Networking events tend to be hit or miss occasions, depending on the crowd. Gather a roomful of chatty extroverts, and all you need to provide are some refreshment – the crowd will take care of themselves for the rest of the evening.
But if your audience are shy and reserved, you could have an awkward few hours in store.
Don’t leave your next networking event to chance – set up your event so even the most introverted folks will succeed in swopping name cards like pros!
Give everyone a reason to mingle
A common issue with many networking events, is that there simply isn’t much to do once the “networking” starts. This is how the flow usually goes:
- Business invites prospects to a “networking event” that begins with a sales pitch of the company’s latest offerings
- After the sales pitch is done, the host then asks everyone to “enjoy the food” (thinking that the job is done, simply because the sales presentation is over)
- Participants are then left to awkwardly introduce themselves to each other, which usually results in a frenzy of name card swopping with strangers
By creating activities and games that give your participants a good reason to chat with each other (or work together to accomplish certain goals, or gain points for their “team”), you’re smoothing and speeding up the matchmaking process.
Keep your refreshments, refreshing
Simple finger food and desserts are perfect for networking events. Essentially, you want participants to be able to enjoy themselves without having to carry around a big, unwieldy plate of food that may take a while to finish.
If your food items are visually appealing or interesting to look at, even better! Now, the food can be conversation starters – helping strangers to break the ice with a common (and interesting) topic.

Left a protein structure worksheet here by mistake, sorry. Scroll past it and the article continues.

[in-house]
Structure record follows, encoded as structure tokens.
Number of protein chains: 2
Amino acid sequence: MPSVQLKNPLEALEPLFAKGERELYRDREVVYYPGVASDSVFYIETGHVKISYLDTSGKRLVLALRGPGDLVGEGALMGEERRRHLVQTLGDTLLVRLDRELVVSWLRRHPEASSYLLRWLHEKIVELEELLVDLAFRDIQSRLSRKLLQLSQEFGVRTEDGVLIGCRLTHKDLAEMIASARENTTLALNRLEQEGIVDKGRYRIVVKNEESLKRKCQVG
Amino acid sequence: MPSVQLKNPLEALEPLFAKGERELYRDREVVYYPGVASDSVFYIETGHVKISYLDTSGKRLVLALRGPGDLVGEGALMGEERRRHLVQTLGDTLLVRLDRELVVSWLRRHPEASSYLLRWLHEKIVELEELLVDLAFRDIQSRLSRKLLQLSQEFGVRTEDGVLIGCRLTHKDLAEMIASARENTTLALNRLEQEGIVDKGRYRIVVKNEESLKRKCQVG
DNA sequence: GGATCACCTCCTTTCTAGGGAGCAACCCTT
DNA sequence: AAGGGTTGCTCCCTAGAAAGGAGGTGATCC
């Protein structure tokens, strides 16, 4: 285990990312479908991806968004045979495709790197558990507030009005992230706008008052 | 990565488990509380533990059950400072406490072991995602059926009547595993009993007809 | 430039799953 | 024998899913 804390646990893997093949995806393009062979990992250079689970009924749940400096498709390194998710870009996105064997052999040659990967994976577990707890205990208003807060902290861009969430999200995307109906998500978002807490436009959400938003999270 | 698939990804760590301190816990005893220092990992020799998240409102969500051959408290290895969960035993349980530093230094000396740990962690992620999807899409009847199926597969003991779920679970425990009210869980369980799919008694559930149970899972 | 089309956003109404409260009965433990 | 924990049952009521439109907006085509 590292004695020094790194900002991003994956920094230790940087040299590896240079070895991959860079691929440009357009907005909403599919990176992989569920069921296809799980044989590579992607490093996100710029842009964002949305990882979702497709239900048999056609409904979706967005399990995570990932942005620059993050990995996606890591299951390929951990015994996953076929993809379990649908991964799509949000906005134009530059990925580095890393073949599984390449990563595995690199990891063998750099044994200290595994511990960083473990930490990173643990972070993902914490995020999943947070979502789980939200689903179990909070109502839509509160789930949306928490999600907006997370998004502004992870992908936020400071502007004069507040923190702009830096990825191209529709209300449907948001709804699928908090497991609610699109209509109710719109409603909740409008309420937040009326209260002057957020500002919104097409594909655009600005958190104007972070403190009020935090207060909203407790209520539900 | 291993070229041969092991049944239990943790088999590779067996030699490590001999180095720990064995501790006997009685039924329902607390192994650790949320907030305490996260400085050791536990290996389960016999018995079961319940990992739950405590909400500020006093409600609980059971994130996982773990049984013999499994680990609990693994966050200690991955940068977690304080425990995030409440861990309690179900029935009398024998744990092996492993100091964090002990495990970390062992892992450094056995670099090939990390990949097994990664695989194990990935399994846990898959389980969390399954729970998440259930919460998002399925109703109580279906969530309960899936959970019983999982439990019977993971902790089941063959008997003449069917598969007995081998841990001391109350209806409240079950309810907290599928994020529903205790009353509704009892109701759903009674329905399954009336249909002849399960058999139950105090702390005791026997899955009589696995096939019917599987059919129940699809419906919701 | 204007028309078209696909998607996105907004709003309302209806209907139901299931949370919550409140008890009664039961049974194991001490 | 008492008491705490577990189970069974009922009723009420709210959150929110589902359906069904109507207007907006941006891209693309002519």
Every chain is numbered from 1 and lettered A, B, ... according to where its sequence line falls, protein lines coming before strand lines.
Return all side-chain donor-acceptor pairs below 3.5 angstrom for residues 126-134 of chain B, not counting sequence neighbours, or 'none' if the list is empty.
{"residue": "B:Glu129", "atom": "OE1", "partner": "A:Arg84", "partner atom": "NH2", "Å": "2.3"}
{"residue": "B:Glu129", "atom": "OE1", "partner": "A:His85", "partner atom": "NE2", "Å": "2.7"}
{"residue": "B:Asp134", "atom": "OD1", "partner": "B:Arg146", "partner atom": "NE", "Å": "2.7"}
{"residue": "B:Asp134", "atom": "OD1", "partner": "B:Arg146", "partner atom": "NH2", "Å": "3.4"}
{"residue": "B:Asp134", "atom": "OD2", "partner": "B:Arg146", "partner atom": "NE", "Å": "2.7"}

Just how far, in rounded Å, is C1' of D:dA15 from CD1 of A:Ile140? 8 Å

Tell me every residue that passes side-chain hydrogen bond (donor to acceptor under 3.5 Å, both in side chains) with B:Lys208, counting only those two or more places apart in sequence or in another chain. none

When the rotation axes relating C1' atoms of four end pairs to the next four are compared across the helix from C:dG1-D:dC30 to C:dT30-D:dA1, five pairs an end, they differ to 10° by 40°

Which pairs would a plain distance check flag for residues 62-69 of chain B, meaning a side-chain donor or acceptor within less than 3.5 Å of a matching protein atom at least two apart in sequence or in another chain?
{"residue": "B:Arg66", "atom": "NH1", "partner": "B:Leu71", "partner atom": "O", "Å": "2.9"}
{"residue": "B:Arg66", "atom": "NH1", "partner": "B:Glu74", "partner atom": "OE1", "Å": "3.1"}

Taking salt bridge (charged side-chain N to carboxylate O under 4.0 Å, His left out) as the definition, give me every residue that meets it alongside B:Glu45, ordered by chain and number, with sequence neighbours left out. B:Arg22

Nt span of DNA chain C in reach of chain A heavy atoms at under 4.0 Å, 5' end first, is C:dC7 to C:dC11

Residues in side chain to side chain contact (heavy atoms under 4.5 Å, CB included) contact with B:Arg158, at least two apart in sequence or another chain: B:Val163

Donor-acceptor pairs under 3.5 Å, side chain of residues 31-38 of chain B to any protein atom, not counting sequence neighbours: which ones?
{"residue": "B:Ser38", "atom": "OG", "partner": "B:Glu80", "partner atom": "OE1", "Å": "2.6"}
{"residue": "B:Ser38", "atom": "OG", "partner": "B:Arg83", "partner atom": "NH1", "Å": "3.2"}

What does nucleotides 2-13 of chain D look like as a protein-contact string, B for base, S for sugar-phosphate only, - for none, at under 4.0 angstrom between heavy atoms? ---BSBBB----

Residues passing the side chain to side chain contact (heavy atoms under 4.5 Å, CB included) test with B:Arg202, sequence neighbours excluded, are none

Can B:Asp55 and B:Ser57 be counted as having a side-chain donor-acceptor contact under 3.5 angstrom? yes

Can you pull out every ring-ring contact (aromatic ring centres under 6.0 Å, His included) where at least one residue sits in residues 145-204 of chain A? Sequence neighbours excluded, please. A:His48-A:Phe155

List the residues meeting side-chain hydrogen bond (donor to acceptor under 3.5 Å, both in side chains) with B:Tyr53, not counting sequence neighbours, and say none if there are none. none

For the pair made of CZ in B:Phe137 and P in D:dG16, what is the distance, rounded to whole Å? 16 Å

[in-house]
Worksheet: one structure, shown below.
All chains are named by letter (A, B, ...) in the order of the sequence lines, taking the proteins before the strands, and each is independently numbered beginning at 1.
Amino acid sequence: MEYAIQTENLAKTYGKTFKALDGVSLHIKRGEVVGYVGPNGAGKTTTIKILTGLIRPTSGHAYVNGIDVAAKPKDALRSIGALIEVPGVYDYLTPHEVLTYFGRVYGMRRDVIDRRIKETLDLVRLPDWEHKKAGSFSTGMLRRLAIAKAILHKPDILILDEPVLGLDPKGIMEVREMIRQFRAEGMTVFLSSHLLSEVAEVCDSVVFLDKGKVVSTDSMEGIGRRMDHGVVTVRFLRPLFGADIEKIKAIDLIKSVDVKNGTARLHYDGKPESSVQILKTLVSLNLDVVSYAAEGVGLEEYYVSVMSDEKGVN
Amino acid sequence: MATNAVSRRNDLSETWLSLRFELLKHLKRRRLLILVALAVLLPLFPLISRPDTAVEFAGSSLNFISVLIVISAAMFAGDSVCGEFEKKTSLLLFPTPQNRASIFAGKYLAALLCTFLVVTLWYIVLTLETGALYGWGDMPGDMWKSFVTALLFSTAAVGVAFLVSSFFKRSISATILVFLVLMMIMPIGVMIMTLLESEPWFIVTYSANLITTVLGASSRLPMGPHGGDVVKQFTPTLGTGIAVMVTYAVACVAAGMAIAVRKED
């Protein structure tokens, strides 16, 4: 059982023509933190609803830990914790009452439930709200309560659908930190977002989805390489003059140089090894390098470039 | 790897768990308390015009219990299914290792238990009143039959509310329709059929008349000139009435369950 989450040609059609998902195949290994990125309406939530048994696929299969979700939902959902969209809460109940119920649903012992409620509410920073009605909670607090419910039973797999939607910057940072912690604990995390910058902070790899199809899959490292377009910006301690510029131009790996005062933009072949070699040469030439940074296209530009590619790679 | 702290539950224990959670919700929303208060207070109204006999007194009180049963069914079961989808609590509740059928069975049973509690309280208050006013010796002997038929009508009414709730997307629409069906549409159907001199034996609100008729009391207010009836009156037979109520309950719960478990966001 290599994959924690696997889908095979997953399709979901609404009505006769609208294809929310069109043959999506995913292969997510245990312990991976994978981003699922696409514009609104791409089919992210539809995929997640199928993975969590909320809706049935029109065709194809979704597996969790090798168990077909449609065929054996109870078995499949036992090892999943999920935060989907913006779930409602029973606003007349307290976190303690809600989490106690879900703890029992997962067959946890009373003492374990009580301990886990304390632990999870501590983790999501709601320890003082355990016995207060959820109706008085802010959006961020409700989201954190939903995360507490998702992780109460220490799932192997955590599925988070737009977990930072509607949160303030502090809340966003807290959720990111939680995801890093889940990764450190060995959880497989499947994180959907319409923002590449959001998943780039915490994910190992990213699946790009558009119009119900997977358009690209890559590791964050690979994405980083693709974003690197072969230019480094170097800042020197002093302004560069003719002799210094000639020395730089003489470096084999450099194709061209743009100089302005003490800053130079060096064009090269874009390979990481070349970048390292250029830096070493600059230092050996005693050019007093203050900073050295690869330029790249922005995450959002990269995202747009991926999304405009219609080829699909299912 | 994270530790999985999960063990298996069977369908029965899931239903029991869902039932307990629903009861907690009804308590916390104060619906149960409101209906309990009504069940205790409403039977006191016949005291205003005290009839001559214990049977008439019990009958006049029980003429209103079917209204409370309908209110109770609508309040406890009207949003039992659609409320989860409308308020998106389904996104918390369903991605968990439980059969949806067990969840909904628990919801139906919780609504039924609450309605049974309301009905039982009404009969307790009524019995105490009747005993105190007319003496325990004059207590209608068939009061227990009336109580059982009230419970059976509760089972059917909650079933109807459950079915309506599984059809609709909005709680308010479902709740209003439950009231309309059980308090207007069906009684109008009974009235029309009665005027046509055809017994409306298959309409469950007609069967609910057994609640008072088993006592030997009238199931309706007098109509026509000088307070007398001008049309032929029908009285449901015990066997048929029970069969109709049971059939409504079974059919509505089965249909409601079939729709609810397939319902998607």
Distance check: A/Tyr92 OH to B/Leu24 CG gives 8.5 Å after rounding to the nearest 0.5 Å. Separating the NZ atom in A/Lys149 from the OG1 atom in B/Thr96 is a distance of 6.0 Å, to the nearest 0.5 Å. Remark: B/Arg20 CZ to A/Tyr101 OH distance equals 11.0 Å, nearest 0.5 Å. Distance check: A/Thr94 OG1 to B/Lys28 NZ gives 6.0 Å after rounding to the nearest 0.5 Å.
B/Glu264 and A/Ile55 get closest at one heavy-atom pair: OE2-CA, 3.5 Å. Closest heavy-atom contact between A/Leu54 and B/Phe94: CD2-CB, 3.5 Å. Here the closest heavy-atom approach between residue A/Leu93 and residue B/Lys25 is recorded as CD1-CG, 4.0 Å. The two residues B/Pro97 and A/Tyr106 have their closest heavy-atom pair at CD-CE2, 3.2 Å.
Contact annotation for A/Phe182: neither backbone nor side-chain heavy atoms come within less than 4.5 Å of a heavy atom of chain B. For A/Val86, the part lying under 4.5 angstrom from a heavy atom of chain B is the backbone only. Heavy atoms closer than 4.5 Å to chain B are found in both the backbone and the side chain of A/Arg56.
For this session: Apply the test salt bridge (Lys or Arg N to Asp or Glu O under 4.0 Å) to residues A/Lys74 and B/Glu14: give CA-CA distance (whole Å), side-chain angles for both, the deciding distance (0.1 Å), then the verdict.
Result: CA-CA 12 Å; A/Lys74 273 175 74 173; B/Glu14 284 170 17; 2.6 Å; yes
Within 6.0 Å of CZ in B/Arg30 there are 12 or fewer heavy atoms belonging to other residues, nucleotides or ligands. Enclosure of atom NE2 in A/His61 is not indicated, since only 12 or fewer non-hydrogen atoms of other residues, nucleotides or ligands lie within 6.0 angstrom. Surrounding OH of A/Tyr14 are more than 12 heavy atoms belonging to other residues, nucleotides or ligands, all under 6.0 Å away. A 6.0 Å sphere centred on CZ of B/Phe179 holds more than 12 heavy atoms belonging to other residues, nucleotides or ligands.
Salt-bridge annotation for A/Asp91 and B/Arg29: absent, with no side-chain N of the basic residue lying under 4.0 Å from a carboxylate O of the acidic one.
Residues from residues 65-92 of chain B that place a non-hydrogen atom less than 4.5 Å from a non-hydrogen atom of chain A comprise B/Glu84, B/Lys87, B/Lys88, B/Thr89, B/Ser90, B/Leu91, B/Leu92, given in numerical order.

Choose your venue and décor appropriately
The networking space should be well planned out – providing attendees with just enough space to mingle in comfort, but not large enough to allow shy attendees to retreat into a corner.
And just like your choice of food, having visually arresting décor will help as the decorations will give participants something fun and interesting to talk about (at least for the first 30 seconds of any new conversation).
Engage an engaging host
At many networking events, the host’s job ends, the moment the networking starts. That shouldn’t be the case, especially if your host is great with people. Have your host walk around, chat with participants, and make them feel at ease.
If the host is an amazing conversationalist, they could even attract a group of people together with their magnetic energy – before leaving the group to continue the conversation, then moving on to another spot and repeating the “gather, entertain, and walk away” move again.
These suggestions are just a preview of the dozens of things you can do to make sure your networking event is a success. Get creative and think of other ways you can encourage natural engagement between participants.
Just remember the golden rule of networking events – be in charge of the outcome, and don’t simply leave the task of networking to your participants!